Teotihuacan—the massive archaeological site nestled in the northeastern part of the Valley of Mexico conjures visions of enormous pyramids and long avenues surrounded by mountains and volcanoes. But there is more to this place than meets the eye. Within and beneath the city’s many plazas, buildings, and monumental structures lie secrets that are only now coming to light.
Three pyramids—two impressive examples and a smaller third—anchor the center of the ancient city, which dates to around 100 BCE–550 CE. It is difficult for us, in the 21st century, to imagine the sheer human effort it took to construct these grand architectural statements without the use of working animals or metal tools.
At its peak Teotihuacan occupied roughly eight square miles. Archeologists have determined that many groups of people migrated to Teotihuacan around 100 CE, although it is unclear what prompted these relocations. Teotihuacan was the most densely populated city in the ancient Americas, with approximately 100,000 people residing there; it was the cultural, political, economic, and religious center of ancient Mesoamerica.
This exhibition examines archaeological discoveries from the three main pyramids, all located along the massive Street of the Dead, as well as from several of the many apartment compounds that housed the city’s population.
Why was such a large population attracted to Teotihuacan? A modest temple constructed at the very beginning of Teotihuacan’s history, at around 50 to 100 CE, suggests a powerful religion may have attracted many groups of people from the surrounding areas. Over the centuries, this temple was enlarged and became a massive pyramid, standing over 151 feet tall. Now known as the Moon Pyramid, it is the second-largest monument at Teotihuacan.
During one period of the Moon Pyramid’s expansion, around 250 CE, the structure was greatly enlarged, indicating a period of increasing wealth and political centralization in the city.
Elaborate buried offerings were made at the dedication of this larger pyramid. Placed in each burial were carefully arranged groups of greenstone and obsidian sculptures, slate, pyrite, and ceramic objects. Human and animal skeletons were also found in many of the Moon Pyramid burials.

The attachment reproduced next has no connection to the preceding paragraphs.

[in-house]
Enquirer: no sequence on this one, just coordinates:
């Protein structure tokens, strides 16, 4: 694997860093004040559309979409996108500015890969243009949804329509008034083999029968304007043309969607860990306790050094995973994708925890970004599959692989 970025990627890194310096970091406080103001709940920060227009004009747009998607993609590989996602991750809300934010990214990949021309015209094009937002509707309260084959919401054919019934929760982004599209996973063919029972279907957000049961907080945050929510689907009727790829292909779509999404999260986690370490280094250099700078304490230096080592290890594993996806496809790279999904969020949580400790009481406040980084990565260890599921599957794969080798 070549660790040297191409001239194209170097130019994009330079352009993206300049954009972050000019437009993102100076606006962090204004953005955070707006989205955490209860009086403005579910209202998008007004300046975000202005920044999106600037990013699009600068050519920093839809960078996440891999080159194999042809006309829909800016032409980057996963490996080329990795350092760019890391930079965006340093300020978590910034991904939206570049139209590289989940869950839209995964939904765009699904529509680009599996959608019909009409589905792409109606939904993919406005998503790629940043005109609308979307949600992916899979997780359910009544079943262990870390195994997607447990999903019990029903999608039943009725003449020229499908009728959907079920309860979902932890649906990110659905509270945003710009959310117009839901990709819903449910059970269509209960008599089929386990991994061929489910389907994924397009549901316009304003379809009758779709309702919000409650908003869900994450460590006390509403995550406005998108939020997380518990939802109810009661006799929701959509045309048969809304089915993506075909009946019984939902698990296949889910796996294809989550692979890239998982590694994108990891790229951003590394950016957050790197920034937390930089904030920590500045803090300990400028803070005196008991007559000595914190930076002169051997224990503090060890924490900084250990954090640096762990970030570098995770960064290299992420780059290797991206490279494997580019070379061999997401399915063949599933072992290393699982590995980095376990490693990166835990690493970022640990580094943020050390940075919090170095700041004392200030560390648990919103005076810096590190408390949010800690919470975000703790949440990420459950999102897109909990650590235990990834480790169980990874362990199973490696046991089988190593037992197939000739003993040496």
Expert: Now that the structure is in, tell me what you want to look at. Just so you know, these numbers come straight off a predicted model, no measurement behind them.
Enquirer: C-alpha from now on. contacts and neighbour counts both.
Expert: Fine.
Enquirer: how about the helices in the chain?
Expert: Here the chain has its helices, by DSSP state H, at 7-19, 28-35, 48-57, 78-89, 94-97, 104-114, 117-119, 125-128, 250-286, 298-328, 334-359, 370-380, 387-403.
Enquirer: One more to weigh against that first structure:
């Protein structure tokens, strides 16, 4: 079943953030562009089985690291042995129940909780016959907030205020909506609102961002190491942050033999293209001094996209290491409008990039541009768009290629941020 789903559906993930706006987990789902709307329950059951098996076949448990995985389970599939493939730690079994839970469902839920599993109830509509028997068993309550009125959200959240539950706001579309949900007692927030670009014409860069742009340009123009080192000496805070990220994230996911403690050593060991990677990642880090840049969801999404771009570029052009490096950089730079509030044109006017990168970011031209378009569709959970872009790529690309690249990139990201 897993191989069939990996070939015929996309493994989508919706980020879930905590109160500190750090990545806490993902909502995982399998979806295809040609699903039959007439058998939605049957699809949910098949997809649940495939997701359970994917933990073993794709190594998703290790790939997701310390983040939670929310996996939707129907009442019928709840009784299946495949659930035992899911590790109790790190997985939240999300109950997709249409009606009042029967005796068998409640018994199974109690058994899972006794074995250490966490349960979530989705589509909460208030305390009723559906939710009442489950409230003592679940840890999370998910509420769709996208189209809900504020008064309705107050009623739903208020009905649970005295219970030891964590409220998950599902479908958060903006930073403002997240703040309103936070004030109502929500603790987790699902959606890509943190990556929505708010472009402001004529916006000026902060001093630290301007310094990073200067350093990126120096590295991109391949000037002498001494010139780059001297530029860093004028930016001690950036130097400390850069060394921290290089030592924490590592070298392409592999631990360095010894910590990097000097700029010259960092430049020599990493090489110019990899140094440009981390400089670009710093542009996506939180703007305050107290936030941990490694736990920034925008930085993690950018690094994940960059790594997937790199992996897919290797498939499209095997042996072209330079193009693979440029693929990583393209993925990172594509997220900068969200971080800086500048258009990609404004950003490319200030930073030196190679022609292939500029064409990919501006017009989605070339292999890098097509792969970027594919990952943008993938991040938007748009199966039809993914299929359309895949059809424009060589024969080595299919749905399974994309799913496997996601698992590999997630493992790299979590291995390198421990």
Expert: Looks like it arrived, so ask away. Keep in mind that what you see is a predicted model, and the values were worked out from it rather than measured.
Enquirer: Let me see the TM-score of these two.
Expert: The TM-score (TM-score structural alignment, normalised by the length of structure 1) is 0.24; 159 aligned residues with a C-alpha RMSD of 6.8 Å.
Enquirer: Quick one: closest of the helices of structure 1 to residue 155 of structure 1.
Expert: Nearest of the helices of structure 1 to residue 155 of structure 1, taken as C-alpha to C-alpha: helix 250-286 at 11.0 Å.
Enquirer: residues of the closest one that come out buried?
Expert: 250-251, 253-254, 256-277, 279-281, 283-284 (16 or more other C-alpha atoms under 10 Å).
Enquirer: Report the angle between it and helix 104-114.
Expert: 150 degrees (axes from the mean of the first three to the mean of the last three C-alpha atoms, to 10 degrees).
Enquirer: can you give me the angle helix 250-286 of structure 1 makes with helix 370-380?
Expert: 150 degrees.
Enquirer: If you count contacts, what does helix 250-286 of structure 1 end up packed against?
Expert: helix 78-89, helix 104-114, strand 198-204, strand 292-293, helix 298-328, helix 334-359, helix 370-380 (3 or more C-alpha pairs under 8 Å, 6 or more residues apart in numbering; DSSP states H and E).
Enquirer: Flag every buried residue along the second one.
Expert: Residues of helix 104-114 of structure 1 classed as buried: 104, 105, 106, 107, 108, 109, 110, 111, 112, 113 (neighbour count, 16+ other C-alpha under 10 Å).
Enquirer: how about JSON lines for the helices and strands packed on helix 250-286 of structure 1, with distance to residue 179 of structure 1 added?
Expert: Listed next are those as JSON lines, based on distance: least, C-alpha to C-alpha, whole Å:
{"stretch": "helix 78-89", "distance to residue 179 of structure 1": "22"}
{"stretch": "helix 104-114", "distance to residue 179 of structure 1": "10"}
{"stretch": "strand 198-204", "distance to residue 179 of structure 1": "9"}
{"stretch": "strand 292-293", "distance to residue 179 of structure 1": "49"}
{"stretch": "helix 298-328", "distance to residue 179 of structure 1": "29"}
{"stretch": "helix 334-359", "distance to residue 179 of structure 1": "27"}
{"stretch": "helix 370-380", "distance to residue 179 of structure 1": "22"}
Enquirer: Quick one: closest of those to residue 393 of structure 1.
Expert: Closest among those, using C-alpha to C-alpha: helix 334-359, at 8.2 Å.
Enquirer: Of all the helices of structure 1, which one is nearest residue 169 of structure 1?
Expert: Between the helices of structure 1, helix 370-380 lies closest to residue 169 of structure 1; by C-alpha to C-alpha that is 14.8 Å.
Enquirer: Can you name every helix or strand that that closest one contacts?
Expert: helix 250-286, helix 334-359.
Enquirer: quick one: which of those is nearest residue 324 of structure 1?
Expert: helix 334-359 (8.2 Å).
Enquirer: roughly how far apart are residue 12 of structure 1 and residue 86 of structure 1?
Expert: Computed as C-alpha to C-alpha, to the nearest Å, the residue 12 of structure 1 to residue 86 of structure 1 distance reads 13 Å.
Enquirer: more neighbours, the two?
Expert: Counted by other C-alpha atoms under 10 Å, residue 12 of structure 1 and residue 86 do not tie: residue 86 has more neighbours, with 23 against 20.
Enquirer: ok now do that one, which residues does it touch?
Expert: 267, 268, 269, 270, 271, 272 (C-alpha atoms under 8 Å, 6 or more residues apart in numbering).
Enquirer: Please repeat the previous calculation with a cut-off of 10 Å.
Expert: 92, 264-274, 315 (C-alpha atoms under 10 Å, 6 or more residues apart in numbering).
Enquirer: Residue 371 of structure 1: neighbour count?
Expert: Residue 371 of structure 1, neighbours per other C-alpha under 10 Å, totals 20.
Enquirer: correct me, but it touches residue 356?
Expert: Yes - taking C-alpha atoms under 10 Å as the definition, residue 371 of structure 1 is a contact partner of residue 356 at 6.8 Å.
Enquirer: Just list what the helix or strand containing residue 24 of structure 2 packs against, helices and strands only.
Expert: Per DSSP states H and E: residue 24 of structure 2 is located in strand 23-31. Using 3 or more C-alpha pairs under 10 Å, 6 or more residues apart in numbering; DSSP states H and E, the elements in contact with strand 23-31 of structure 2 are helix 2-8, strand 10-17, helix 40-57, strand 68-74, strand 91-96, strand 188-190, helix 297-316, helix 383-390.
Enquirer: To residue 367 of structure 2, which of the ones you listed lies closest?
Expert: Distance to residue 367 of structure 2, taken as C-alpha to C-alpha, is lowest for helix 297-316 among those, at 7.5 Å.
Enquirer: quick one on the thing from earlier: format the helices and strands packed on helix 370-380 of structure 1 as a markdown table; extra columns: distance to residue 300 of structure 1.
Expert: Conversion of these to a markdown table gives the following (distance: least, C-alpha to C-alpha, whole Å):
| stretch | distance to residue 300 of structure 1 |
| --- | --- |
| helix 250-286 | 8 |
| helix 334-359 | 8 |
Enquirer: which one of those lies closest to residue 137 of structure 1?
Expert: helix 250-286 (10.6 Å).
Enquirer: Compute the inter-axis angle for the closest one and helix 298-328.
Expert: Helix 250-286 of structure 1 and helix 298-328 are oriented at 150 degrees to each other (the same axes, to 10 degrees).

At the center of each offering were human figures, like those shown here, made from obsidian and greenstone. By examining the materials used to create these figures we can begin to answer some questions about the city.
The Feathered Serpent Pyramid is the third-largest building in Teotihuacan. It takes its name from the undulating serpents carved into its sides. It is situated in a plaza known as the Ciudadela (“Citadel”), a place for Teotihuacanos to gather and engage in large public rituals.
The Feathered Serpent Pyramid is enclosed in the Ciudadela, which consists of fifteen stepped platforms surrounding an enormous sunken plaza. Archaeologists have found evidence that the immense plaza may have been periodically flooded in rituals that turned it into a simulacrum of the primordial sea. The Feathered Serpent Pyramid thus symbolically became the sacred mountain that, in Mesoamerican creation narratives, emerged from the primordial sea to begin time. Time and the ancient Mesoamerican calendar were cyclical and required renewal through ceremony. The Ciudadela may have been the site of massive ceremonies held to appease the gods and also to remind Teotihuacan’s populace of the leaders’ divine right to exercise authority under the auspices of the Feathered Serpent.